While Detroit officials and boosters boast that the city is coming back, and sections such as Midtown — which includes the New Center area and Wayne State University — are sprawling with new businesses and cultural diversity, blight and crime continue to dot the area surrounding Midtown and throughout the city. There are many neighborhoods where there are no lights, the lights are broken, or they are obscured by trees.
A recent report by the Detroit Free Press showed that there are over 26,000 abandoned homes that are spread out across the city, many of which have become havens for squatters, thieves, drug dealers, and sexual predators. The city does not have the funding to tear any of them down.
Bing promised to demolish 10,000 buildings by the end of his first term. To date, only 4,200 have come down. The city’s schoolchildren often have to walk to schools and bus stops through blocks, such as the Warrendale neighborhood along Woodward Ave., and the Woodbridge neighborhood near Midtown, that have as many as 15 abandoned homes, no working streetlights, and few (if any) police.
“How can you really come to school and be prepared for learning and have an opportunity to live, when every day you’re busy trying to survive,” said Kenyetta Wilbourn, the principal at Denby High School on Detroit’s east side.
“You’re busy wondering who’s behind you. Who’s going to come from the left or the right; who’s going to come out of one of these many empty homes that are right across the street from the school.”
Wilbourn told the Free Press that it took two years of complaints to get the city to install streetlights directly along the curb on the side of Kelly Road where Denby is located. On the three blocks directly across from Denby, students must board city buses a few feet from at least a dozen abandoned homes. There are also no poles for streetlights on that side of the road.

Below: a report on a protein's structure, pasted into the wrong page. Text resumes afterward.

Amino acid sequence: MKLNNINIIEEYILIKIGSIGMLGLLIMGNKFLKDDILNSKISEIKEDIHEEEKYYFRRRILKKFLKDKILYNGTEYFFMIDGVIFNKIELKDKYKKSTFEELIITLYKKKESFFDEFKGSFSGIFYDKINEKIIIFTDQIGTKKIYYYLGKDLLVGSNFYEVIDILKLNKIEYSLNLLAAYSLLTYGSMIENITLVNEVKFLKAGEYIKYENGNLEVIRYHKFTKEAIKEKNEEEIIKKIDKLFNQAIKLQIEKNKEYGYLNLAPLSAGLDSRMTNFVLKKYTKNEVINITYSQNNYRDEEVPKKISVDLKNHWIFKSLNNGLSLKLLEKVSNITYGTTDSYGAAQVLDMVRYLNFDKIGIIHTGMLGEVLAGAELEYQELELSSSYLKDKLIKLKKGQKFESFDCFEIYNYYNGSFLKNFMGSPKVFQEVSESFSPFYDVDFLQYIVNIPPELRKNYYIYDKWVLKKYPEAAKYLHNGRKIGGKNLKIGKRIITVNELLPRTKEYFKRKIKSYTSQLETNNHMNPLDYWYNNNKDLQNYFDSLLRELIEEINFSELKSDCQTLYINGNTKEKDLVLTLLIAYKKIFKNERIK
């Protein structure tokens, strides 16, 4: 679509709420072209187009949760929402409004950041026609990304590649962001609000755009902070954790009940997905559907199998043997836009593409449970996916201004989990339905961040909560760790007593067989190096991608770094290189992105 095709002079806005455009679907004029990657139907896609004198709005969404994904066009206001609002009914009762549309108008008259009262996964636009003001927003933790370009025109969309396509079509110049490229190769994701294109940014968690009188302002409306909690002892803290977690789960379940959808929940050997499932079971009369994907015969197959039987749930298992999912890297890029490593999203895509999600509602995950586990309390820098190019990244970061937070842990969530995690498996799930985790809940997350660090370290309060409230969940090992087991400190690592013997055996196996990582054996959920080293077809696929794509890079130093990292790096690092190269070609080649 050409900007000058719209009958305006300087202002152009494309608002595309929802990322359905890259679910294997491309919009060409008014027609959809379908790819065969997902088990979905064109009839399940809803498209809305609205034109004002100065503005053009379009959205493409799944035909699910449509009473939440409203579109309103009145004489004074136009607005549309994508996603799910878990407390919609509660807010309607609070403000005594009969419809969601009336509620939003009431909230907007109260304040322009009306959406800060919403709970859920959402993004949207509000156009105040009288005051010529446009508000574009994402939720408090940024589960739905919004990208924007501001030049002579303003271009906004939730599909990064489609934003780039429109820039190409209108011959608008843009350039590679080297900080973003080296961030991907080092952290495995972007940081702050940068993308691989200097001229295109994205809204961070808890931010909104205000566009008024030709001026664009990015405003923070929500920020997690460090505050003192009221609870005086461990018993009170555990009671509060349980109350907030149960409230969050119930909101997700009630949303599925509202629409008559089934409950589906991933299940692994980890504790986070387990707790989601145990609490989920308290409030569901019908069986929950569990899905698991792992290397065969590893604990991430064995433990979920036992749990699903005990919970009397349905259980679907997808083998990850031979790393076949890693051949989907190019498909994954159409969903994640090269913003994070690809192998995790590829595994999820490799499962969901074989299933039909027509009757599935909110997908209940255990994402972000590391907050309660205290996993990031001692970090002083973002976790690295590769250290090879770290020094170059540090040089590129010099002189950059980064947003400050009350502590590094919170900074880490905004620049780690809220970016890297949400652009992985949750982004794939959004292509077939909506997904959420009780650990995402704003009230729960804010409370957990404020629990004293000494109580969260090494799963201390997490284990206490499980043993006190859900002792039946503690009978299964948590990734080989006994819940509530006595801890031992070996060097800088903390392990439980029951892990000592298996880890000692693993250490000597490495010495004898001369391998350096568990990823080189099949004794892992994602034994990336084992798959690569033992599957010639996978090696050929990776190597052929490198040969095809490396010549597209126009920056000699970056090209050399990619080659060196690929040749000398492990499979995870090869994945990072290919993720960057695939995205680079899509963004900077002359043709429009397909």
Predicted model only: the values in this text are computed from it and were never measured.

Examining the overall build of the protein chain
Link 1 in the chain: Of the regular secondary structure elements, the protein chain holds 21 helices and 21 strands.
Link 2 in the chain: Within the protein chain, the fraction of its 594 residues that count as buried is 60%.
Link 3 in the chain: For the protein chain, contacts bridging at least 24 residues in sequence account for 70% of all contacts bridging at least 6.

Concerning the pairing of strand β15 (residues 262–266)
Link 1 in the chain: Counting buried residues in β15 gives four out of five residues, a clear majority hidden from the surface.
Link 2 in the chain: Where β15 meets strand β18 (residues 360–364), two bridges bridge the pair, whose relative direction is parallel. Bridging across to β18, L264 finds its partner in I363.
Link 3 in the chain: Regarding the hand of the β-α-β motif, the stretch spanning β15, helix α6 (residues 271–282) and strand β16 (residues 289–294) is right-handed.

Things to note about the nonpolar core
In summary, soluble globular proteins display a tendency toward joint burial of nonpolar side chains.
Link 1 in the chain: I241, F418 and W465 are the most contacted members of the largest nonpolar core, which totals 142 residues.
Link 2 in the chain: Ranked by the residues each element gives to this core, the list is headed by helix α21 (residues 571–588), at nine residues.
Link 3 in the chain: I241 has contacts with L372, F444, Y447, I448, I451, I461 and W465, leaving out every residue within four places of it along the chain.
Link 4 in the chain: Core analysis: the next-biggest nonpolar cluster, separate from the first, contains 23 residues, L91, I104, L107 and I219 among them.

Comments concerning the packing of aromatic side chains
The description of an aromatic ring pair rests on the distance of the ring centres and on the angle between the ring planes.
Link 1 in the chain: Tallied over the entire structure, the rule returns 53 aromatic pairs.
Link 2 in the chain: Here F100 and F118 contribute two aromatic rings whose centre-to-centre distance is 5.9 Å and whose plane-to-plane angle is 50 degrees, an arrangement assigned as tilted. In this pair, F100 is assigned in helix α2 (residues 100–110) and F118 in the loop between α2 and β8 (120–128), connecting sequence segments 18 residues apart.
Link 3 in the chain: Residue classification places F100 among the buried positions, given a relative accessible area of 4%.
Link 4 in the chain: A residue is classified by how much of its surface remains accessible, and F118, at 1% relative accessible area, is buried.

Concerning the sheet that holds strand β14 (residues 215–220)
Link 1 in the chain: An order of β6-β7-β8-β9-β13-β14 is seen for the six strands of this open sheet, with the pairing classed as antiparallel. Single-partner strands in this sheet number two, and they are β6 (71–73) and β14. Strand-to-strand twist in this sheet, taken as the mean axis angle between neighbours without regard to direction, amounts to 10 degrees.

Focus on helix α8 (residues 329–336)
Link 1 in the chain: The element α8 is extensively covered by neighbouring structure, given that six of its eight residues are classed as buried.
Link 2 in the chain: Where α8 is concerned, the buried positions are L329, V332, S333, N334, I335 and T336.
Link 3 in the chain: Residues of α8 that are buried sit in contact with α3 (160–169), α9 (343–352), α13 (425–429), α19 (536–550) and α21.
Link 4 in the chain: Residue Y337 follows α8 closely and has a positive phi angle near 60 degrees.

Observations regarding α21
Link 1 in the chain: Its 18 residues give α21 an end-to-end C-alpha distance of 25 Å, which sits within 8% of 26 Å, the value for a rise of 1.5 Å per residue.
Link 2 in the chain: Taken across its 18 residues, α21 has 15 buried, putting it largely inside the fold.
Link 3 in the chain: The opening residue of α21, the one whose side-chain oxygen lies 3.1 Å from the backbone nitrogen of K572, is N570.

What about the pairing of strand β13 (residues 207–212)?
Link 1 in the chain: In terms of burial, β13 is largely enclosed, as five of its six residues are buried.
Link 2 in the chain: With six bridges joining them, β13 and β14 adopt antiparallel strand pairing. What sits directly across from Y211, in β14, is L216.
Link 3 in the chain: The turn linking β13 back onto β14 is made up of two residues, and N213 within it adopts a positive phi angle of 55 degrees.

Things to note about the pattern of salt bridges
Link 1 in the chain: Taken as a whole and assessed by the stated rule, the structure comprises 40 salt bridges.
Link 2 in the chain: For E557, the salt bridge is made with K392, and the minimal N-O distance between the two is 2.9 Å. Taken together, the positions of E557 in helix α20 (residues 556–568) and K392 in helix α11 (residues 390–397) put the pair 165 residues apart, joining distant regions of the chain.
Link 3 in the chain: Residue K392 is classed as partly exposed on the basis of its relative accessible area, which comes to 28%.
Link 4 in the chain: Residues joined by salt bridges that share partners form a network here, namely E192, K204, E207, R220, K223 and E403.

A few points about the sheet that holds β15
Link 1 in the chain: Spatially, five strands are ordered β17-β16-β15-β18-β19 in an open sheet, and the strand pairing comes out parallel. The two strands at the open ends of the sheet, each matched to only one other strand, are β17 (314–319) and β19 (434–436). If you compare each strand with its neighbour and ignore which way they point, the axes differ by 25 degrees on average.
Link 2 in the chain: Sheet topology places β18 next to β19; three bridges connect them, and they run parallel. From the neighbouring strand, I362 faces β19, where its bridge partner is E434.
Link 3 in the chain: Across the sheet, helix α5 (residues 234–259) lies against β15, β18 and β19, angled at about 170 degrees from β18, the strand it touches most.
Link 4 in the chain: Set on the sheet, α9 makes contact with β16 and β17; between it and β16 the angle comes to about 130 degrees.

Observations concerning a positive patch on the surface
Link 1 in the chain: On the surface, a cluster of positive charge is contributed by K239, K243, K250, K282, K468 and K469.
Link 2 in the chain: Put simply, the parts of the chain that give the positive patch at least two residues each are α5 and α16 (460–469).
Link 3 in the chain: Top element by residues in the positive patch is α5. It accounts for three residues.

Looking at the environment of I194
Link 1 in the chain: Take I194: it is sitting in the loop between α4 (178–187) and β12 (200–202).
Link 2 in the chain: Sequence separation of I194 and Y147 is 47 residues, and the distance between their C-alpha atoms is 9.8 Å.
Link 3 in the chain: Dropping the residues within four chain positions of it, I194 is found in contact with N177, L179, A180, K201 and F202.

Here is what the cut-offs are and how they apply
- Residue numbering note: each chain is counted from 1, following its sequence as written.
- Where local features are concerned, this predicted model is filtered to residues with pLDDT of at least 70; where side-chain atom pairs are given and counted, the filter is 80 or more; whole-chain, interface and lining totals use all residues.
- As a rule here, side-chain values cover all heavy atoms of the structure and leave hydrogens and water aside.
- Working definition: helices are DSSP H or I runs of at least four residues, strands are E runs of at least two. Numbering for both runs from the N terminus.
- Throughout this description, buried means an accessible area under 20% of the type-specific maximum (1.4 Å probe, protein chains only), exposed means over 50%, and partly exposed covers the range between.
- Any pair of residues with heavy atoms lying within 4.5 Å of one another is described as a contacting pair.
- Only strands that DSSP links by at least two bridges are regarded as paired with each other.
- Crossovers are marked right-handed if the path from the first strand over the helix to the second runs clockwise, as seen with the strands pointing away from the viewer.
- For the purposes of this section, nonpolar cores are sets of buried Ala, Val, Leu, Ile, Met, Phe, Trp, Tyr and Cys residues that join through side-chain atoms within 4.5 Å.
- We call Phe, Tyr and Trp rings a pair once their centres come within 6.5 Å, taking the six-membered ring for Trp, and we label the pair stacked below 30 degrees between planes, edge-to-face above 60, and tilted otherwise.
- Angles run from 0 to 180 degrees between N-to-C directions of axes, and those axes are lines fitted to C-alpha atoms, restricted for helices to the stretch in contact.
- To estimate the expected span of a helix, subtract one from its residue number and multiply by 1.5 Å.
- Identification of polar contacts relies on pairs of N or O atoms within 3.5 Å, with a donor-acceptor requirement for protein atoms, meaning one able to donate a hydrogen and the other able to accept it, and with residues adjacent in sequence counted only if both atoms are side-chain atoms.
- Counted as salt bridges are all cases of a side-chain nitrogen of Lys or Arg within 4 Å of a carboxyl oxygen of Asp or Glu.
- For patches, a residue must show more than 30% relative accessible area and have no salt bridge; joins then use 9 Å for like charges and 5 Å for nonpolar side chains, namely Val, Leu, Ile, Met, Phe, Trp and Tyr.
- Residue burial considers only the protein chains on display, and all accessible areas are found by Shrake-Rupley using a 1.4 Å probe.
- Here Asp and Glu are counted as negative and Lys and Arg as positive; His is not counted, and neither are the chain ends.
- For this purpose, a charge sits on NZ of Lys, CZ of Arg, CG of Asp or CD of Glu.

“I see a community that has forgotten and a government that has forgotten about its people,” Wilbourn told the Free Press. She fears that one of her students, male or female, could be dragged inside of a house and assaulted. Denby sophomore Dominic McCormick was sucker-punched by a teen in a red hooded sweatshirt last November, as he was walking home from school.
The region’s surrounding schools, such as Denby, Osborn, and Cody High Schools, are some of the many areas that city officials hope will see residents attempt to migrate from if the streetlight plan is implemented.
Detroit is not the first city to throw this idea around. Colorado Springs removed 9,000 of its nearly 26,000 lights in 2010. Highland Park, which is just three square miles and is completely surrounded by Detroit, removed all but 500 of its 1,600 streetlights late last year after racking up a $4 million unpaid electric bill.
“It touches kids going to school in the dark,” Kirk Cheyfitz, co-founder of a project called Detroit 143 that publicizes neighborhood issues. Cheyfitz, who is also the chief executive of New York marketing company Story Worldwide Ltd., told Bloomberg News that deciding which neighborhoods to light will help Detroit in the long run.
While it is still just in the planning stages, the city feels it is the best way to help shrink the city in order to better serve its citizens. Mogk told Bloomberg that the city really doesn’t have much choice.
The city cannot actually force residents to move, and under Michigan law, it would take special circumstances for the city to seize properties for development. Plus, when this has been previously attempted by the city, the amount of money homeowners demand from the city is often far more than what the property is actually worth on the open market.
“There are tremendous political, administrative, financial and, to some degree, legal obstacles,” Mogk said of the potential issues. “Unless you phase out a neighborhood altogether, you still need lighting, and waste pickup and police and fire protection.”
Follow Jay Scott Smith on Twitter at @JayScottSmith